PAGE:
There was no blame put on the Irish revolutionaries.  Instead, reported The New York Times, "The different  speakers argued that the assassination was the result of a conspiracy plotted outside of Ireland, and executed by emissaries sent thither to throw the people 'off the scene.'"

As violence, including bombings, continued in England,  James H. Casserly pushed for a diplomatic solution within St. Bernard's Church a year later.  He told members on April 22, 1883 that he "was opposed to the use of dynamite, which had done more than anything else to injure the cause of Ireland."  Nevertheless, both he and John Egan admitted that physical force should be used "when the proper time came."

But by September 6, 1885, Casserly had apparently decided the proper time had come.  The Times reported that he told supporters that night that "He excused dynamiters, Invincibles, and Fenians, on account of the nobility of their common aim, and urged it on the people as a bounden duty to subscribe their sympathy and their aid."

In the meantime, the sanctuary upstairs continued to be a vibrant (and more peaceful) element in neighborhood life.  The affluence of the congregation was evident when the assistant rector, Rev. John J. Riordan, was transferred after 10 years at St. Bernard's.   The New York Times reported on October 28, 1883 that he "has received from the people of the parish $2,000 as a slight testimonial of their devotion and respect."  That going-away gift was worth nearly $50,000 in today's dollars.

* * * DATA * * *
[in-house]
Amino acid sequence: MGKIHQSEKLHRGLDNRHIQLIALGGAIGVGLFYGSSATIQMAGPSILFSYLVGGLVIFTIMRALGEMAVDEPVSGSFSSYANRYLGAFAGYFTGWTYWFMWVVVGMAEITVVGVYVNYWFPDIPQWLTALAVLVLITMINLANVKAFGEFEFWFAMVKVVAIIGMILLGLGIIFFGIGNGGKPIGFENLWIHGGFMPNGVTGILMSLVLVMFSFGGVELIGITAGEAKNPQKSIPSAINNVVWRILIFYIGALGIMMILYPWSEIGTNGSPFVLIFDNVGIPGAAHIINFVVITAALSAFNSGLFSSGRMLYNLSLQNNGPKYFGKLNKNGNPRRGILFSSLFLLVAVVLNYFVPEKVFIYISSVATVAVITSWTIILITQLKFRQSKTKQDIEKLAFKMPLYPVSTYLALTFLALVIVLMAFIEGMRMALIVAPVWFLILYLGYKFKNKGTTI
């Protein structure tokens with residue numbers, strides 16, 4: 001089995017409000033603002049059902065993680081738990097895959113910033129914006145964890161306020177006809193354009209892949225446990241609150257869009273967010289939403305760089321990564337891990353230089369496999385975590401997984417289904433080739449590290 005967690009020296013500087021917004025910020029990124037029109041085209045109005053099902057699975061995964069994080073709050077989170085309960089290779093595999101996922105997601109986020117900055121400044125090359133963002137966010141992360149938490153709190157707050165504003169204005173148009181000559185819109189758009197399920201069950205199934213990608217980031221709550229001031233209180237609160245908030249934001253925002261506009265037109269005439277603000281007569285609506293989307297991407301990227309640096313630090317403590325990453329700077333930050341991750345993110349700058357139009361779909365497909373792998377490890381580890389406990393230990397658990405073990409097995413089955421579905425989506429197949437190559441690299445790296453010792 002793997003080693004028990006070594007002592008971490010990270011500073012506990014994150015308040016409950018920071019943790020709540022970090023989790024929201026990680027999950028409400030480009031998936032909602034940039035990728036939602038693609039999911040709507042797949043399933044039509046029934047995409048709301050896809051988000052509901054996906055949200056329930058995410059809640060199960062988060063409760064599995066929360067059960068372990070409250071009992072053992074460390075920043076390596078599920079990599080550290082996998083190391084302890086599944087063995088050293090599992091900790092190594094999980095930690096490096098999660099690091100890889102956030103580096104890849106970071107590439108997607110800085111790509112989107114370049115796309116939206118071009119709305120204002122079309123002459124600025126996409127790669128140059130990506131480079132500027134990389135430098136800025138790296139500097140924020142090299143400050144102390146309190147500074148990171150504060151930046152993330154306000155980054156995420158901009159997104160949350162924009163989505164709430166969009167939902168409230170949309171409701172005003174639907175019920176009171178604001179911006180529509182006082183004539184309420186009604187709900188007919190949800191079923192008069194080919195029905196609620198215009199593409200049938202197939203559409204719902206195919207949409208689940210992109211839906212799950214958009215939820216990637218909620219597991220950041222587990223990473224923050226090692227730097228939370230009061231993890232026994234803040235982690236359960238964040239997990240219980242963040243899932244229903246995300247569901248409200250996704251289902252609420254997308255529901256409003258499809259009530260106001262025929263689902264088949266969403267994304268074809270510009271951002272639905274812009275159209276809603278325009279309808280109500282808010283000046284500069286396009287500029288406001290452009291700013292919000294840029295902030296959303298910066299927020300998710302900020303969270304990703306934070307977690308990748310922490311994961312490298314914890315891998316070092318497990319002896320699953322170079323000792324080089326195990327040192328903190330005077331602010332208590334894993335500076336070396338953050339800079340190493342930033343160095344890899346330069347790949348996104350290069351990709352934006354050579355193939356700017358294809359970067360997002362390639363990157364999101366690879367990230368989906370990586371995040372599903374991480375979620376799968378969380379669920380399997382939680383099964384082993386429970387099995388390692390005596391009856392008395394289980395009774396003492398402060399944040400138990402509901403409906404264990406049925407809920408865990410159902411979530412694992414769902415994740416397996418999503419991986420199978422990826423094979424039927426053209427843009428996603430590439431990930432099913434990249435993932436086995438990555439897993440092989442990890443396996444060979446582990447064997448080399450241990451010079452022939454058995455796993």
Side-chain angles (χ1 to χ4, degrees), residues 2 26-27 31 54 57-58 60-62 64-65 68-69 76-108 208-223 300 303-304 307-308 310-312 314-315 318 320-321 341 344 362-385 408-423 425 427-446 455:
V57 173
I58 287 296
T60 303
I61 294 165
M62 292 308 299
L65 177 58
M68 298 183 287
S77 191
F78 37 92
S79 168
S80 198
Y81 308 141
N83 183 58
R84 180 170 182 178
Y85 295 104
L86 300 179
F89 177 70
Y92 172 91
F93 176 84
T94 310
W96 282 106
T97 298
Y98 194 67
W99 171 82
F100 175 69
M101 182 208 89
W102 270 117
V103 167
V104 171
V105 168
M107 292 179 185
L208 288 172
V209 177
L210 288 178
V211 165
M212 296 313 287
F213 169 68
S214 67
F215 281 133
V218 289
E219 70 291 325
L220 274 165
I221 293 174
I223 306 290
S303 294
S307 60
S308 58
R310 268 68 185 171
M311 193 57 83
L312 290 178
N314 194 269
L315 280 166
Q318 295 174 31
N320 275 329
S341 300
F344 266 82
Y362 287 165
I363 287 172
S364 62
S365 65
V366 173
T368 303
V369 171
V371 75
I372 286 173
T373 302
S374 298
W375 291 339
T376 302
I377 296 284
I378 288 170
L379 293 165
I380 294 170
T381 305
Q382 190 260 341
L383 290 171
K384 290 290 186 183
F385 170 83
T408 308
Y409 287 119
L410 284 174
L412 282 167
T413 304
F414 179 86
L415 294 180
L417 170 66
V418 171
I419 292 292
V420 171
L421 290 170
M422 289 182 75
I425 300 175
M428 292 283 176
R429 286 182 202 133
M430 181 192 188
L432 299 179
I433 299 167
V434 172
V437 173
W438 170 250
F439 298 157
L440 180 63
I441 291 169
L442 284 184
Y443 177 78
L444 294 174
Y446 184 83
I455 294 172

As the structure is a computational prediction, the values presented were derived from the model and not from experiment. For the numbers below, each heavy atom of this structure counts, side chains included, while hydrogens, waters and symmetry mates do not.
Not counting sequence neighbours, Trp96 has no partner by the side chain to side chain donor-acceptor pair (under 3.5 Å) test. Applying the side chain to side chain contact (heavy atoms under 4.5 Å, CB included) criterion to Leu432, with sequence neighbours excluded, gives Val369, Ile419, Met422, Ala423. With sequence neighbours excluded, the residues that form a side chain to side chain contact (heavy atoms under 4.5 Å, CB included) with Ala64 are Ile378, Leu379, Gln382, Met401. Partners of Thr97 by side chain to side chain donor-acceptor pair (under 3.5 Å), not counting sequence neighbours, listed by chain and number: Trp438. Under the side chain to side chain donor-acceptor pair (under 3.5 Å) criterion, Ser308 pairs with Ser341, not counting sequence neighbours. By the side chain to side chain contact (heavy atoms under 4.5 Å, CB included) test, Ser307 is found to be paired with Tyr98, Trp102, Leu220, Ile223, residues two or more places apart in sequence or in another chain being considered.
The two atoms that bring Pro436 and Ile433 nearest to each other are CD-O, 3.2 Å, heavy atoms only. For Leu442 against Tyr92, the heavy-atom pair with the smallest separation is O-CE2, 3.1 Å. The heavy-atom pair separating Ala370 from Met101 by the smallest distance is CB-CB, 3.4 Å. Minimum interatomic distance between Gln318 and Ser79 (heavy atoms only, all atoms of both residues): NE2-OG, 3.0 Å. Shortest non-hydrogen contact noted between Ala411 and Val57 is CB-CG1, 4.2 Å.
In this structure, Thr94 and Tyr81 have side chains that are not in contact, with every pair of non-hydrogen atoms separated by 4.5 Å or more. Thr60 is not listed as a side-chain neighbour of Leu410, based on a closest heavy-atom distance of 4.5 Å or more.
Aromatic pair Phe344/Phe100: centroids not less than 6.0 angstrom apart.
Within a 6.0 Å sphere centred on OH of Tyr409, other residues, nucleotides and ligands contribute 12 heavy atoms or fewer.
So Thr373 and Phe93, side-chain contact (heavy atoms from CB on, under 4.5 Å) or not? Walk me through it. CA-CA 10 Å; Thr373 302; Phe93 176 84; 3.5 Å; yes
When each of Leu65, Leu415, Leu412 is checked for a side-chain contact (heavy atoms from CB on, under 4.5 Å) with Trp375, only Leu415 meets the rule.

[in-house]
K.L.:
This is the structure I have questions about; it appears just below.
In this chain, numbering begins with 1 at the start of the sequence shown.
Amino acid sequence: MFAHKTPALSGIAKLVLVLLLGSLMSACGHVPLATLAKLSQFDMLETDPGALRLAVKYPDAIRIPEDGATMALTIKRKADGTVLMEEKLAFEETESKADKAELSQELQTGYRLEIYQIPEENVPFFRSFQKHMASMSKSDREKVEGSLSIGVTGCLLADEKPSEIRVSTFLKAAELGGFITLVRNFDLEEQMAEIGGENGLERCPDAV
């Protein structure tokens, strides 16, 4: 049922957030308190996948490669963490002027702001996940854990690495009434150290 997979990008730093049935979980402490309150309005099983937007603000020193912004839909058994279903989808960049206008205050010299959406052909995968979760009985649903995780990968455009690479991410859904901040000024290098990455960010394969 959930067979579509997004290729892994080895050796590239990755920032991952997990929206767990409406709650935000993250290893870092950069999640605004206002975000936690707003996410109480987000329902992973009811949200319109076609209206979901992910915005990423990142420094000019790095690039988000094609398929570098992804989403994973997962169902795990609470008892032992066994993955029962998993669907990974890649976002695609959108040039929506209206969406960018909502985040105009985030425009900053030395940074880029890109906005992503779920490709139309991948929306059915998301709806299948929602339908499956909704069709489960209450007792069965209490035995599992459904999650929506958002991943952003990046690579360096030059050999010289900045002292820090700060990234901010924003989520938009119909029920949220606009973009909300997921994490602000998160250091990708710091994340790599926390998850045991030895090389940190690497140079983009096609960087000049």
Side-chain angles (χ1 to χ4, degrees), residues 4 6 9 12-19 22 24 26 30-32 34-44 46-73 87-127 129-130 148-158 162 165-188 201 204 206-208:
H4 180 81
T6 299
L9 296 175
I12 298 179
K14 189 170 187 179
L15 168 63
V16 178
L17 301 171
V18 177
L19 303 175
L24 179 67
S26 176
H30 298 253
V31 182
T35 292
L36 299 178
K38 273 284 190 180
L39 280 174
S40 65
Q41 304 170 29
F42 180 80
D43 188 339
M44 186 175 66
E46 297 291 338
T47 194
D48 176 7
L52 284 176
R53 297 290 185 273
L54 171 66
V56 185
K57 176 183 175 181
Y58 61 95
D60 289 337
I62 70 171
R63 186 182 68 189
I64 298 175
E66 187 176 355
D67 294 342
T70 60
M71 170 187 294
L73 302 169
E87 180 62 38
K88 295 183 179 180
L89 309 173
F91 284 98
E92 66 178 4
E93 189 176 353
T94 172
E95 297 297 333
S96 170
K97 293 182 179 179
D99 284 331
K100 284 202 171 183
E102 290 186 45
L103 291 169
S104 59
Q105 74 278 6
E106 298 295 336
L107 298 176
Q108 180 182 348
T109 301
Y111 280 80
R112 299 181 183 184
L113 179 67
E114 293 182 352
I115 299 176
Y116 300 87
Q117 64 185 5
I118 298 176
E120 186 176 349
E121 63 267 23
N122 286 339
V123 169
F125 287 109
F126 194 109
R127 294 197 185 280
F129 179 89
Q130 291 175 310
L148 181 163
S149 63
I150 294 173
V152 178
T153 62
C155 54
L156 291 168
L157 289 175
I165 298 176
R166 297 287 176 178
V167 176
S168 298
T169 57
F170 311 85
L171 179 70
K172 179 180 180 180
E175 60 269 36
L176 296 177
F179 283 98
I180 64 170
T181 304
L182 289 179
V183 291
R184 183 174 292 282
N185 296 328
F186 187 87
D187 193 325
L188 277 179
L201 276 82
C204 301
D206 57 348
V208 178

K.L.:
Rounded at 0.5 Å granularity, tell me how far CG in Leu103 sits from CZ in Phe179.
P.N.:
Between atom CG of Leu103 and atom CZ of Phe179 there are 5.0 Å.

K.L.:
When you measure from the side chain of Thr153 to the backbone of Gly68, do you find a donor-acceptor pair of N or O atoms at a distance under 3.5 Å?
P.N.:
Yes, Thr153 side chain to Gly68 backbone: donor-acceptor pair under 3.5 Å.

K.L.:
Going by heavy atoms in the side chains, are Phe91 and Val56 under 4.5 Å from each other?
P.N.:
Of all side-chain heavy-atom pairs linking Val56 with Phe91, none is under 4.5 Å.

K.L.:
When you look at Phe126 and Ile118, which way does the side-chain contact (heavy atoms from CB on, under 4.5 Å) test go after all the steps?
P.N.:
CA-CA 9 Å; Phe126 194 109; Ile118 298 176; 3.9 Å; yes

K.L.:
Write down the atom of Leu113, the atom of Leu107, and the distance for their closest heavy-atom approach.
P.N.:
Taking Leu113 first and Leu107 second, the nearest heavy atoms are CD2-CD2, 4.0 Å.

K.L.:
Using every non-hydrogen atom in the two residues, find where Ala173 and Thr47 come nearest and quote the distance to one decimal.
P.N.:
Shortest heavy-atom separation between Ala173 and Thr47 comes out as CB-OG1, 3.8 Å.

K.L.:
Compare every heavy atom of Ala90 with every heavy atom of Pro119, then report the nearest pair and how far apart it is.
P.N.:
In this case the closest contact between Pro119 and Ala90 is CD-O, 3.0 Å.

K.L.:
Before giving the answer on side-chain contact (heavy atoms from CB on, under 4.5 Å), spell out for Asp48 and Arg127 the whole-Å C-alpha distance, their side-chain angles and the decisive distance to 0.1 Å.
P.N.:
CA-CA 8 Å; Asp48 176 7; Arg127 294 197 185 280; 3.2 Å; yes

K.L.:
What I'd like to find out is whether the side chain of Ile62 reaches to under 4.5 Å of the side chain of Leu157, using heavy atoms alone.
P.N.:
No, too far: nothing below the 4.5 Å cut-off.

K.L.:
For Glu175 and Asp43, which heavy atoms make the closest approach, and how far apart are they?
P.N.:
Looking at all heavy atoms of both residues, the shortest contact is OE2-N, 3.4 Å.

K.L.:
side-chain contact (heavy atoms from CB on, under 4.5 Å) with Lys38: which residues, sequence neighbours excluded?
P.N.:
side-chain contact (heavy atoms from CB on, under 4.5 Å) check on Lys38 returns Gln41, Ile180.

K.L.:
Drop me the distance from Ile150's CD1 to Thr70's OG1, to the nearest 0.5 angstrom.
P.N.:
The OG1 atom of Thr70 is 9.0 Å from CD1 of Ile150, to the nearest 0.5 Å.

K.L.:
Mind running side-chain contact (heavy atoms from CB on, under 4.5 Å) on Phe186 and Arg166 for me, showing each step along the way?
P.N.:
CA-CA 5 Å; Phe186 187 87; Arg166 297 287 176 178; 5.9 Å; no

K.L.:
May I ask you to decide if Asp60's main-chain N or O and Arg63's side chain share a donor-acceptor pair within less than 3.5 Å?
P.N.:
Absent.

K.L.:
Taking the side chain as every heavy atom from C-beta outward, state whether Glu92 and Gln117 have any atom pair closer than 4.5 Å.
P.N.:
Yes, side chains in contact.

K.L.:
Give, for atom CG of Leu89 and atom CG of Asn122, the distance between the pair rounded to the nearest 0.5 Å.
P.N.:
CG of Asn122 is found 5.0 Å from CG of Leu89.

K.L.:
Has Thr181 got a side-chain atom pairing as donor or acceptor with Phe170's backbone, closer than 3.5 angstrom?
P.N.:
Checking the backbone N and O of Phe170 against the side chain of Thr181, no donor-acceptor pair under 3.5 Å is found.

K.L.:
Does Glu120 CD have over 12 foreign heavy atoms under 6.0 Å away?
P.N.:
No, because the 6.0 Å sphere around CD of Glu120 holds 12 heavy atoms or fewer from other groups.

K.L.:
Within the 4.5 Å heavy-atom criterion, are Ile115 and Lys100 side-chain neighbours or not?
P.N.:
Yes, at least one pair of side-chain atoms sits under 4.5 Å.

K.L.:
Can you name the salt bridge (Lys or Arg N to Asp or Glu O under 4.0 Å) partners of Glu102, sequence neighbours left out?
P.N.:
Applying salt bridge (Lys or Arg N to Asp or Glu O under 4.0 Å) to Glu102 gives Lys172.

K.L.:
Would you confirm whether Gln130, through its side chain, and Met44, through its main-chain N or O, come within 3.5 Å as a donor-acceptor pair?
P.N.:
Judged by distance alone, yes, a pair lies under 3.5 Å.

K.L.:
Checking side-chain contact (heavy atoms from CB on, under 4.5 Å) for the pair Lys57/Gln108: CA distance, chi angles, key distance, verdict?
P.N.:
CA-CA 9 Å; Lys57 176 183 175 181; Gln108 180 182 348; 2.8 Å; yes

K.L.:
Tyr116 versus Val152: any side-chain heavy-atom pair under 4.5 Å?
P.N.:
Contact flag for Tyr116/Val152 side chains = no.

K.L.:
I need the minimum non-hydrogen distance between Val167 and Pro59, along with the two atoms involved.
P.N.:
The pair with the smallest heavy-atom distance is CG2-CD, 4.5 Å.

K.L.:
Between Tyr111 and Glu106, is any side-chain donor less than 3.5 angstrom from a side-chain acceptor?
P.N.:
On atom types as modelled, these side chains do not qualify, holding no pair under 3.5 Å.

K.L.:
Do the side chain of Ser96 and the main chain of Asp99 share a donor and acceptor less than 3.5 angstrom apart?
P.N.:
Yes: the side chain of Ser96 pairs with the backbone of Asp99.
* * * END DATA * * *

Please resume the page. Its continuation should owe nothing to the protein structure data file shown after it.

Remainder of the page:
In December 1874--the first Christmas in the new church--life-sized wax figures of the nativity were put on display in the church hall.  It was no small affair, with painted backdrops and at least nine full-sized figures.  The following year Rev. Healy decided to "dispense with some of the wax figures and introduce living characters."  For this he wrote the Nativity Play or Christmas Cantata.

Modern attendees of church nativity plays fully expect amateur productions with cardboard mangers and children in homemade costumes.  This was nothing of the kind.  The two-hour production included an adult cast, complex scene changes and a original musical scores.  The play included scenes no longer included in the Christmas story representations today--like the gruesome Massacre of the Innocents.


Two of the several scenes in the Christmas play presented annually at St. Bernard's Church.  The Nativity Play or Christmas Cantata, by Rev. Gabriel A. Healy, 1885 (copyright expired)

After much prodding, in 1885 Rev. Gabriel Healy published a detailed book so other parishes could stage the popular play.